"The reasons women give for studying English are to help them get a job; help children with homework; to make everyday life easier. Clearly the picture on the ground regarding learning English is very different from the one painted by David Cameron."

Mr Hanley said that ESOL — English for Speakers of Other Languages — courses had a waiting list.

He said: "Bolton College has a waiting list of over 1,000 who can wait up to two years to get on – the majority of those waiting are Muslim."

Mr Hanley, a qualified teacher, added: "Bolton TUC would like to see all nationalities given the chance to learn English when needed, and be enabled to be productive and settled members of our community.

"We are therefore dismayed that the Jobcentre contract with Bolton College ESOL has been cut — national policy; and changes in the rules about asylum seekers and new spouses — usually women— mean they aren't allowed to access English language courses."

"A further twist of the knife comes in the form of the cut in grants to charities.

"Bolton Language School is a voluntary organisation reliant on grants and voluntary teachers. "Whilst it is seeing its meagre income cut, it is simultaneously experiencing an increase in demand for lessons from job centre referrals, as well as the constant demand from refugees desperate to escape the traumas of their past with the help that a sure grasp of English can provide.

"It is more important than ever that trade unions attempt to present facts that would otherwise be airbrushed from history."



Rhetoric Spurs Self-Defence Class For Tennessean Muslim Women

February 2, 2016

Aisha Lbhalla's attire sends a powerful message about her Islamic faith, but she fears it makes her vulnerable to physical attacks and disparaging remarks.

She's not alone. With the recent rise of anti-Islamic rhetoric across the U.S., Lbhalla says she and other Muslim women in Nashville who wear a scarf or veil in public feel they are at a point where they need to know how to protect themselves if ever attacked. So the Muslim Women's Council is offering a self-defence class Sunday afternoon.

The program will be taught by a female instructor at the Islamic Centre of Tennessee in Antioch and will cover self-defence training as well as discussions on Islamophobia, harassment and school bullying, said Lbhalla, the chairwoman of the Muslim Women's Council, a Nashville-based organization that supports Muslim women.

"We felt that it was really necessary for women to be active and take this self-defence class," Lbhalla said. "It will give hopefully a sense of confidence and security, and they will get a chance to learn some of the basic techniques of surviving or escaping an attack."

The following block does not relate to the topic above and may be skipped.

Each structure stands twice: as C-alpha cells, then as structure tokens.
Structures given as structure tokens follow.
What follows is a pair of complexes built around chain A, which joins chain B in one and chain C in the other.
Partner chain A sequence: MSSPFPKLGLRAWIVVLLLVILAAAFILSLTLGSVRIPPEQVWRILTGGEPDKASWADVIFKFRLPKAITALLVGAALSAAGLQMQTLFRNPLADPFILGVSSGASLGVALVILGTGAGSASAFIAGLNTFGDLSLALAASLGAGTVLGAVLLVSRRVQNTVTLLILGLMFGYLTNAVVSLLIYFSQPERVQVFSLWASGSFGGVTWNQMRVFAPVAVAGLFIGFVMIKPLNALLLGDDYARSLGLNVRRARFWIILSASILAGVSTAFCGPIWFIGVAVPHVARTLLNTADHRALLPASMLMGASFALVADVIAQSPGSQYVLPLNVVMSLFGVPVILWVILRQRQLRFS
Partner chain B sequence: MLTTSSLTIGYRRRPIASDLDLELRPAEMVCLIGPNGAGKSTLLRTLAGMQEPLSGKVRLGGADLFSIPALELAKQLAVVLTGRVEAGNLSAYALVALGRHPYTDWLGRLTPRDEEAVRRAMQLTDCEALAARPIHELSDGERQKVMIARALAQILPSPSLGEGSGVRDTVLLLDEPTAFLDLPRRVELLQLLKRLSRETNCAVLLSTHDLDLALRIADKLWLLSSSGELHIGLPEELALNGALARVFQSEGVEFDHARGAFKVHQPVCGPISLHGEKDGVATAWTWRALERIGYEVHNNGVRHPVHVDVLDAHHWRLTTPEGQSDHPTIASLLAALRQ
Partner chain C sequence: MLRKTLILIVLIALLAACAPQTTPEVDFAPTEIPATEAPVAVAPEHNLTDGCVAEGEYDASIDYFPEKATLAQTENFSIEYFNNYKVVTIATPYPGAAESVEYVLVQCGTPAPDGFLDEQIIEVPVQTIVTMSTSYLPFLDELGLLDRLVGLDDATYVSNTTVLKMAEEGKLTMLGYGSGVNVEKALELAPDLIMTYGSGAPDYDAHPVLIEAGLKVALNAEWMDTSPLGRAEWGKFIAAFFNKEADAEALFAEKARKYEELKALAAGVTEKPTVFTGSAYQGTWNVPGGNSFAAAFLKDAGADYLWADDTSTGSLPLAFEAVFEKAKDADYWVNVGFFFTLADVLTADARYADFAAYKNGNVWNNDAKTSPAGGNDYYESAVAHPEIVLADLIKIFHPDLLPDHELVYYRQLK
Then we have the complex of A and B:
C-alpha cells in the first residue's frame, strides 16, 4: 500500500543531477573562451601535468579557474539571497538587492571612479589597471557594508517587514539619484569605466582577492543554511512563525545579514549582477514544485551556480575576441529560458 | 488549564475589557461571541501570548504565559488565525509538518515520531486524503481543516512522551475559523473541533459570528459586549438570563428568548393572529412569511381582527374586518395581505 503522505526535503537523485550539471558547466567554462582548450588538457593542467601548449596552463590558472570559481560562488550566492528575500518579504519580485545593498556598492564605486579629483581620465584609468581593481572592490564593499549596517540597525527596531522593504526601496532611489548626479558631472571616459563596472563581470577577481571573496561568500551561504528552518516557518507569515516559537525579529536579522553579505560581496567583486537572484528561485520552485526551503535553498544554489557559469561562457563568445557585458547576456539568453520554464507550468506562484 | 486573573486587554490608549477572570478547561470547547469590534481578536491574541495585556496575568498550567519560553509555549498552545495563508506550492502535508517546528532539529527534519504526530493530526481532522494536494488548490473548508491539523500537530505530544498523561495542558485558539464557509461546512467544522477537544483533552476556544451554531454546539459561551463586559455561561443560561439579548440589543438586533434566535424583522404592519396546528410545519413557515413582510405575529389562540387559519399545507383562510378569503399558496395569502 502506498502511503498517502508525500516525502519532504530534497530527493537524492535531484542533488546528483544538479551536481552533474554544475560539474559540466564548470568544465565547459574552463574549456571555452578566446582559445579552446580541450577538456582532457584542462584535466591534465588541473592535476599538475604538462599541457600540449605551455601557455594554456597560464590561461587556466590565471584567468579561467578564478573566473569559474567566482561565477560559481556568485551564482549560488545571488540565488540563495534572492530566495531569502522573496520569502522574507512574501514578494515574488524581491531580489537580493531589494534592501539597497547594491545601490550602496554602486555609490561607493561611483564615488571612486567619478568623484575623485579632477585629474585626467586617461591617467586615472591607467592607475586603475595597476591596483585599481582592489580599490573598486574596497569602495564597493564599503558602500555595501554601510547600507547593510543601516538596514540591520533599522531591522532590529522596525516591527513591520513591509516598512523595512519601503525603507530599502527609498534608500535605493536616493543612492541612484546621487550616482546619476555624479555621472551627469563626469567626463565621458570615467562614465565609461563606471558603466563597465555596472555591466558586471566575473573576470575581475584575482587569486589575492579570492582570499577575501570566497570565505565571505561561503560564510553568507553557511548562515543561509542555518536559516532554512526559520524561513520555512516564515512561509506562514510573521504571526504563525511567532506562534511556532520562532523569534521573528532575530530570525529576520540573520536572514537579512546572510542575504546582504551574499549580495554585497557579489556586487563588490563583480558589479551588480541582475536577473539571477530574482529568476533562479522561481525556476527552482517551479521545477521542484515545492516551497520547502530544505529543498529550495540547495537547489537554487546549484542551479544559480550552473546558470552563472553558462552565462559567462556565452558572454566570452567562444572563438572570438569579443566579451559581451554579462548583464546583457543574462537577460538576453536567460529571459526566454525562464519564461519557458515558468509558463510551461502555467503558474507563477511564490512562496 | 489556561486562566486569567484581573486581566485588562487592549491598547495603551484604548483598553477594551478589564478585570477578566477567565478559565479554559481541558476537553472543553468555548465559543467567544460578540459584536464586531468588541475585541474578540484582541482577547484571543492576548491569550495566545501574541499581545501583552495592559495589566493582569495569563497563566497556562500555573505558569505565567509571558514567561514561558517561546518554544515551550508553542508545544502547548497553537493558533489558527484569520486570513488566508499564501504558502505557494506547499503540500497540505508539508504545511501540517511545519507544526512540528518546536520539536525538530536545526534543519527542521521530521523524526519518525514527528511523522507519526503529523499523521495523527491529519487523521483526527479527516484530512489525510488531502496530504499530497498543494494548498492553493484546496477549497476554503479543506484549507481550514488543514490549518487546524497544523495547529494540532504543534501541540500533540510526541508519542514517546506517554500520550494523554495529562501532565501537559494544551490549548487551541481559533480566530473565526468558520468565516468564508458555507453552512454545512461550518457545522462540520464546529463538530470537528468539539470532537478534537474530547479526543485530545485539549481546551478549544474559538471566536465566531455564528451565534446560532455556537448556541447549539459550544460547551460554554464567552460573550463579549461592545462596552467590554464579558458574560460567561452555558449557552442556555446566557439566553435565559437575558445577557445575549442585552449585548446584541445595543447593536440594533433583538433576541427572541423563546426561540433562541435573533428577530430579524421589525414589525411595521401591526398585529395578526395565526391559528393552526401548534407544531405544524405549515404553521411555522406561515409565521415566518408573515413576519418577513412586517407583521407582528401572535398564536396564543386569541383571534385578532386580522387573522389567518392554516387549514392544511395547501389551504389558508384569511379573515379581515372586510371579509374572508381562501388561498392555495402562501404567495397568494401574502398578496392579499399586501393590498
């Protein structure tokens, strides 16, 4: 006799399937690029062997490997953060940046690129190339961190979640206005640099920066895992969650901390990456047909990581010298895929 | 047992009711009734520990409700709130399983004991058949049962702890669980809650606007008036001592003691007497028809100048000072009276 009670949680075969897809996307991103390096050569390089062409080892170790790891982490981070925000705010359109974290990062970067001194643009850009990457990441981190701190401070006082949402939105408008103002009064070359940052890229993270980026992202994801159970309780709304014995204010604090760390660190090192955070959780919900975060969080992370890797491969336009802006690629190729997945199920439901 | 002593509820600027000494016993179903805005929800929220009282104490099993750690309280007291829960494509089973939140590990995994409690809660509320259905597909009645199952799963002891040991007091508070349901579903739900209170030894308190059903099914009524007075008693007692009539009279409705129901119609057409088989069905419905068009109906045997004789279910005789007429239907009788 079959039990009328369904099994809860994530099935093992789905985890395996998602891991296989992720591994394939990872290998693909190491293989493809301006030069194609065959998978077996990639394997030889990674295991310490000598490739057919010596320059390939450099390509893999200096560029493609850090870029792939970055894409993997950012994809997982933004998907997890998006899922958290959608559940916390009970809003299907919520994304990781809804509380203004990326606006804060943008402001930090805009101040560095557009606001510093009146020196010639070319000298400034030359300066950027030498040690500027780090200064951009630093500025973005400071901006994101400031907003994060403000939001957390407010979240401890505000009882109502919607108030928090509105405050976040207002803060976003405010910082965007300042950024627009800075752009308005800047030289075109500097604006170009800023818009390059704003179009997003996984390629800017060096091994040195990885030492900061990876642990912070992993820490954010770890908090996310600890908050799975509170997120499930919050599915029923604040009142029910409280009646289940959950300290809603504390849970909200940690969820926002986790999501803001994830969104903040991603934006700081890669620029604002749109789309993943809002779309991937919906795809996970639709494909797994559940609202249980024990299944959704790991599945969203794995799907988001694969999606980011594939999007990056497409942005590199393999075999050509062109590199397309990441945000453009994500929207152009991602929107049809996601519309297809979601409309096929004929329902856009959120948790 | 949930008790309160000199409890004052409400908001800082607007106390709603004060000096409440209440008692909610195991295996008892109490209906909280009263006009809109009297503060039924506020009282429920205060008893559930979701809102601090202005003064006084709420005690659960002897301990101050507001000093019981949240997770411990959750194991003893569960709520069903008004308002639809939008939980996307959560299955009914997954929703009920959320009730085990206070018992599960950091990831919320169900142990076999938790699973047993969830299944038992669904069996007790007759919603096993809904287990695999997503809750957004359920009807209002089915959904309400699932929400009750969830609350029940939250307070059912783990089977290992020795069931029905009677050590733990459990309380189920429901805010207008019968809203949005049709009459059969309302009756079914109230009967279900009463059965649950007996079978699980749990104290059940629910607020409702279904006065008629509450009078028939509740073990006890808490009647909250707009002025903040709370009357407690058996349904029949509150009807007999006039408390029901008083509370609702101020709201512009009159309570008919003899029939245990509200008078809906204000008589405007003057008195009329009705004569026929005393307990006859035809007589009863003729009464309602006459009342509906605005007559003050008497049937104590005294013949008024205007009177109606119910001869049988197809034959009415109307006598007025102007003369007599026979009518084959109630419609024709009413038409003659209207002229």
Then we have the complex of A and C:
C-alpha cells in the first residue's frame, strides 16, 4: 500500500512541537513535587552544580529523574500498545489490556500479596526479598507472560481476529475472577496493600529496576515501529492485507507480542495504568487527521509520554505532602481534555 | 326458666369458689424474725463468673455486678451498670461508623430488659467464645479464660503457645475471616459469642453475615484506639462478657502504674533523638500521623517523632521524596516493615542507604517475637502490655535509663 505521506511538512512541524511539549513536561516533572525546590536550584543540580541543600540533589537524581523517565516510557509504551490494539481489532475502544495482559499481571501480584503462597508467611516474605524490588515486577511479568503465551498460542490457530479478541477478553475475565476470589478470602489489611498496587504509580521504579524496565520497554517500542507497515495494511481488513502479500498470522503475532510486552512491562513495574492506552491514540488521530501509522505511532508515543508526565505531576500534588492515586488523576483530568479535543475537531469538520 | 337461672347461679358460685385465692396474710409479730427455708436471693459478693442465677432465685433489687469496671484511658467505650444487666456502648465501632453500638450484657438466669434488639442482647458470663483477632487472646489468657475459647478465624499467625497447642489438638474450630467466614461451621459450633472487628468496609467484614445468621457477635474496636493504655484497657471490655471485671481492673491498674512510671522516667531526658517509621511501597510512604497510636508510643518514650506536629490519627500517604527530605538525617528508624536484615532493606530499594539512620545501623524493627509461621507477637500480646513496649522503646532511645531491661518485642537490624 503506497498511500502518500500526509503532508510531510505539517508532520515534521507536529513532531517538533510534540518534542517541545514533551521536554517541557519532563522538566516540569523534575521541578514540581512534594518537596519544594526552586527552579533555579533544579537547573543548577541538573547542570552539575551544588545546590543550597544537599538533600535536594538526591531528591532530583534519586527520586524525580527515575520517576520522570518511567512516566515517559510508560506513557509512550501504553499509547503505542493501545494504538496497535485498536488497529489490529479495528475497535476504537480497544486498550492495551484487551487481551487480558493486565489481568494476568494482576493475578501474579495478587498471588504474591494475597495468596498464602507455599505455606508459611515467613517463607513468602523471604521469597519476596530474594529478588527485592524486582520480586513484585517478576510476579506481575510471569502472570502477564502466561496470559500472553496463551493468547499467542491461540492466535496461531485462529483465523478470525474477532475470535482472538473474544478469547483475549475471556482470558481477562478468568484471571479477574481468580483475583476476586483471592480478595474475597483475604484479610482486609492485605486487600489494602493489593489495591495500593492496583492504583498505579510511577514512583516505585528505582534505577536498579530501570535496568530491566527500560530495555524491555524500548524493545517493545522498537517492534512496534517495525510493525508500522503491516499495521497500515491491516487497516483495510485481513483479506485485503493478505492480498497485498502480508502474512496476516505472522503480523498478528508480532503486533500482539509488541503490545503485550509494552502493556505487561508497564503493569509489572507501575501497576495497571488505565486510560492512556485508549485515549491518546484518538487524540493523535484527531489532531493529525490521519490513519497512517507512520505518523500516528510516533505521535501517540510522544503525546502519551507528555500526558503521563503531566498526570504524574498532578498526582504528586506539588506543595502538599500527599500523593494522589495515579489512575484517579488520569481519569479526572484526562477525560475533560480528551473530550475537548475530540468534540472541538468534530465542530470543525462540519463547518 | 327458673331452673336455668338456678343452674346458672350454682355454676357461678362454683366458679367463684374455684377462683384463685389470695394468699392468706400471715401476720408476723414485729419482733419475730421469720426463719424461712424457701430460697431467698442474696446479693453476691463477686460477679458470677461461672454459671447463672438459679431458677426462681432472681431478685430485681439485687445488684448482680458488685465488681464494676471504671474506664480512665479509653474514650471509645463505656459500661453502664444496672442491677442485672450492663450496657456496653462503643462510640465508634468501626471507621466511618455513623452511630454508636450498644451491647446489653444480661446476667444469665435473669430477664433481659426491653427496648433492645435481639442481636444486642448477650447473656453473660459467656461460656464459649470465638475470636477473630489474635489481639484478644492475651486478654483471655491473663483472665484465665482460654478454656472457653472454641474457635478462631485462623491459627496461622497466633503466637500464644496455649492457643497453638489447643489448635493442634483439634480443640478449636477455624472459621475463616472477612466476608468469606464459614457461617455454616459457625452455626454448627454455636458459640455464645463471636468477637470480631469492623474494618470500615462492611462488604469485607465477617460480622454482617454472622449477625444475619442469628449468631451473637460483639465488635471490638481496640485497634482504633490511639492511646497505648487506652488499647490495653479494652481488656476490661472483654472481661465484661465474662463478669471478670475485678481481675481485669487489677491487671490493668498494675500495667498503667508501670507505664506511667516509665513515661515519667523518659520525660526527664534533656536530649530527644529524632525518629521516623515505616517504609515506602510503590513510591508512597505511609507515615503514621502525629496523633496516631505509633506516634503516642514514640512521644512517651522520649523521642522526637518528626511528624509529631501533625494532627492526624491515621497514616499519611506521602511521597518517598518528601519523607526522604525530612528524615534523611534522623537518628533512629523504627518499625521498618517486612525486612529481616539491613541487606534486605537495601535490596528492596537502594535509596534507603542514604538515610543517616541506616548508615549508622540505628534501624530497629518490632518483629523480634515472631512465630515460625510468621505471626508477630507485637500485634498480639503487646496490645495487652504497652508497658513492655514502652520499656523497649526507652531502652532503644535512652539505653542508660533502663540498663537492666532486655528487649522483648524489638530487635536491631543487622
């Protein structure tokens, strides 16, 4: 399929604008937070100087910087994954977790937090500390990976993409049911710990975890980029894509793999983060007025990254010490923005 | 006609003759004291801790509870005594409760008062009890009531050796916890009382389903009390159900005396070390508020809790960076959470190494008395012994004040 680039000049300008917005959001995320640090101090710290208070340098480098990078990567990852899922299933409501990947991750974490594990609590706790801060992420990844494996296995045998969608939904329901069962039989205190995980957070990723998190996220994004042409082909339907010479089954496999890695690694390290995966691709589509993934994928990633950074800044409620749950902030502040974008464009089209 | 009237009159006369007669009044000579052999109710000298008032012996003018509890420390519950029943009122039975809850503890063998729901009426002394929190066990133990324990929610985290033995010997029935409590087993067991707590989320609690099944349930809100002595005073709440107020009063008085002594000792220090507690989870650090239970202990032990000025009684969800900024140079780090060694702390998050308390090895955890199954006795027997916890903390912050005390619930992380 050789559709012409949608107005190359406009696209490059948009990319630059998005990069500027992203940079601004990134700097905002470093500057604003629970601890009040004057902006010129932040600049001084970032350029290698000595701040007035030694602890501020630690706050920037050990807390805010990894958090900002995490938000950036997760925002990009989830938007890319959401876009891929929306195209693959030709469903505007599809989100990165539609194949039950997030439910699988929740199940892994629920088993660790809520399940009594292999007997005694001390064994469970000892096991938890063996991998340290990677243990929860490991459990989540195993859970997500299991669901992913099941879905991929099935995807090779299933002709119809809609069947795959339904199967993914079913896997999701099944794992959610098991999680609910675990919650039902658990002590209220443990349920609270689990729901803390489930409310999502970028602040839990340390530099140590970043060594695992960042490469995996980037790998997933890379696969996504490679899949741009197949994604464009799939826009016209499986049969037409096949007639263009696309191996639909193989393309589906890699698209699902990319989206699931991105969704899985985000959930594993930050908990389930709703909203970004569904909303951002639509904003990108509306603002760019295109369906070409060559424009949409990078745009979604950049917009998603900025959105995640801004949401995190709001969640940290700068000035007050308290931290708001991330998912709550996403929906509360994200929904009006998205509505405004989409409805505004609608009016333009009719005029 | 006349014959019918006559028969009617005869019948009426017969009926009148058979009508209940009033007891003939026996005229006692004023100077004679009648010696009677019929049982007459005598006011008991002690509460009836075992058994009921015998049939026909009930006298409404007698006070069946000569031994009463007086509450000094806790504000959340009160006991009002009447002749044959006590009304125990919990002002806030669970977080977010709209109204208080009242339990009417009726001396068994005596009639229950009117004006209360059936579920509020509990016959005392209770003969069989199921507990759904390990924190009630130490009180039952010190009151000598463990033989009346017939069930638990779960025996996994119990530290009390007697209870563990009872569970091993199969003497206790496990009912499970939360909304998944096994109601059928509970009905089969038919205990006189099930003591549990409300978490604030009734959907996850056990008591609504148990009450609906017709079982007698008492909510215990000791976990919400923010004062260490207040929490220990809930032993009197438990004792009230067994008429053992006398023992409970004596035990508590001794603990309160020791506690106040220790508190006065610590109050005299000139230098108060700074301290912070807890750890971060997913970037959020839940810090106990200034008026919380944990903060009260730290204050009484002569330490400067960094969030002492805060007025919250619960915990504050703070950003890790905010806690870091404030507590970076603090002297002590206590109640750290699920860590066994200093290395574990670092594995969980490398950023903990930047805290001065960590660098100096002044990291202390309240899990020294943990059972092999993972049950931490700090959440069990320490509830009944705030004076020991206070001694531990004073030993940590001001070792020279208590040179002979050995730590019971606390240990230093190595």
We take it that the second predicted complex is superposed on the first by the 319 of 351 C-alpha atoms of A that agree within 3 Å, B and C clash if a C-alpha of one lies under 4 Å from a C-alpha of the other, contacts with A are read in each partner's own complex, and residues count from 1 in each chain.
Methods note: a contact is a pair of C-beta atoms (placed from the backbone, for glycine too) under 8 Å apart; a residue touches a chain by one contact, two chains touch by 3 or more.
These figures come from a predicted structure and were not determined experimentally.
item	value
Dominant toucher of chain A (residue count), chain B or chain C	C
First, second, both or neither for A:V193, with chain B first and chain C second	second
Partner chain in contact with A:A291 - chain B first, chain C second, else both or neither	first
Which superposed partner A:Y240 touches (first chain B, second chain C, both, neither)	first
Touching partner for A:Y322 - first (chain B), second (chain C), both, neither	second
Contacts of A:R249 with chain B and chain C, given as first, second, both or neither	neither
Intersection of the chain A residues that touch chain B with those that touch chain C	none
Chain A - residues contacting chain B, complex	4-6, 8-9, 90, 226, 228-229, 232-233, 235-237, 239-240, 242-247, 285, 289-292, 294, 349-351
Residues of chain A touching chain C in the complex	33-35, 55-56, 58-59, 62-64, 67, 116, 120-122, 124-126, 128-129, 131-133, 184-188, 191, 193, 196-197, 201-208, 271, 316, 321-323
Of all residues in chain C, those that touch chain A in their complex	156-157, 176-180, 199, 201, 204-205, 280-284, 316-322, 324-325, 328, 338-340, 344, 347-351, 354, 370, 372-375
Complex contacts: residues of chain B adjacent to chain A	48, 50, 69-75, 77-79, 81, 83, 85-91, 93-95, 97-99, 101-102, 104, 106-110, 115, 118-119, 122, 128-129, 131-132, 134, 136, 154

Last year's attacks on Paris and San Bernadino, Calif., by Islamic militants spurred a wave of anti-Muslim rhetoric in the U.S., including from some Republican leaders in Tennessee as well as presidential candidate Donald Trump.

The national conversation prompted debates among Muslim women about the safety of wearing a hijab or covering, as well as safety tips, including a crisis safety manual released by in December. Self-defence classes, such as the one planned in Nashville on Sunday, have popped up across the country.

Lbhalla sees her own covering as a religious obligation and a form of worship, and similar to the attire of a Roman Catholic nun, it sends a message that she is a woman of faith.

"It's not as easy for us to just say we have to take it off," Lbhalla said. "It would be giving up a part of what you believe and a part of your faith in order to make it a little easier for you."

The Council on American-Islamic Relations, the nation’s largest Muslim civil rights and advocacy organization, encourages self-defence classes for Muslim women because their religious attire can make them an easy target, said Ibrahim Hooper, spokesman for CAIR. The organization tracks bias against Muslims and has noted a spike in anti-Muslim incidents in the U.S. following last year's attacks, he said.


‘Islamophobia’ threatens TN tradition of accepting refugees

"With the heightened and unprecedented rise in anti-Muslim sentiment in our society, which Muslim women are often the first targets, it's even more important," Hooper said. "It’s just unfortunate that there’s a need for this now more than ever."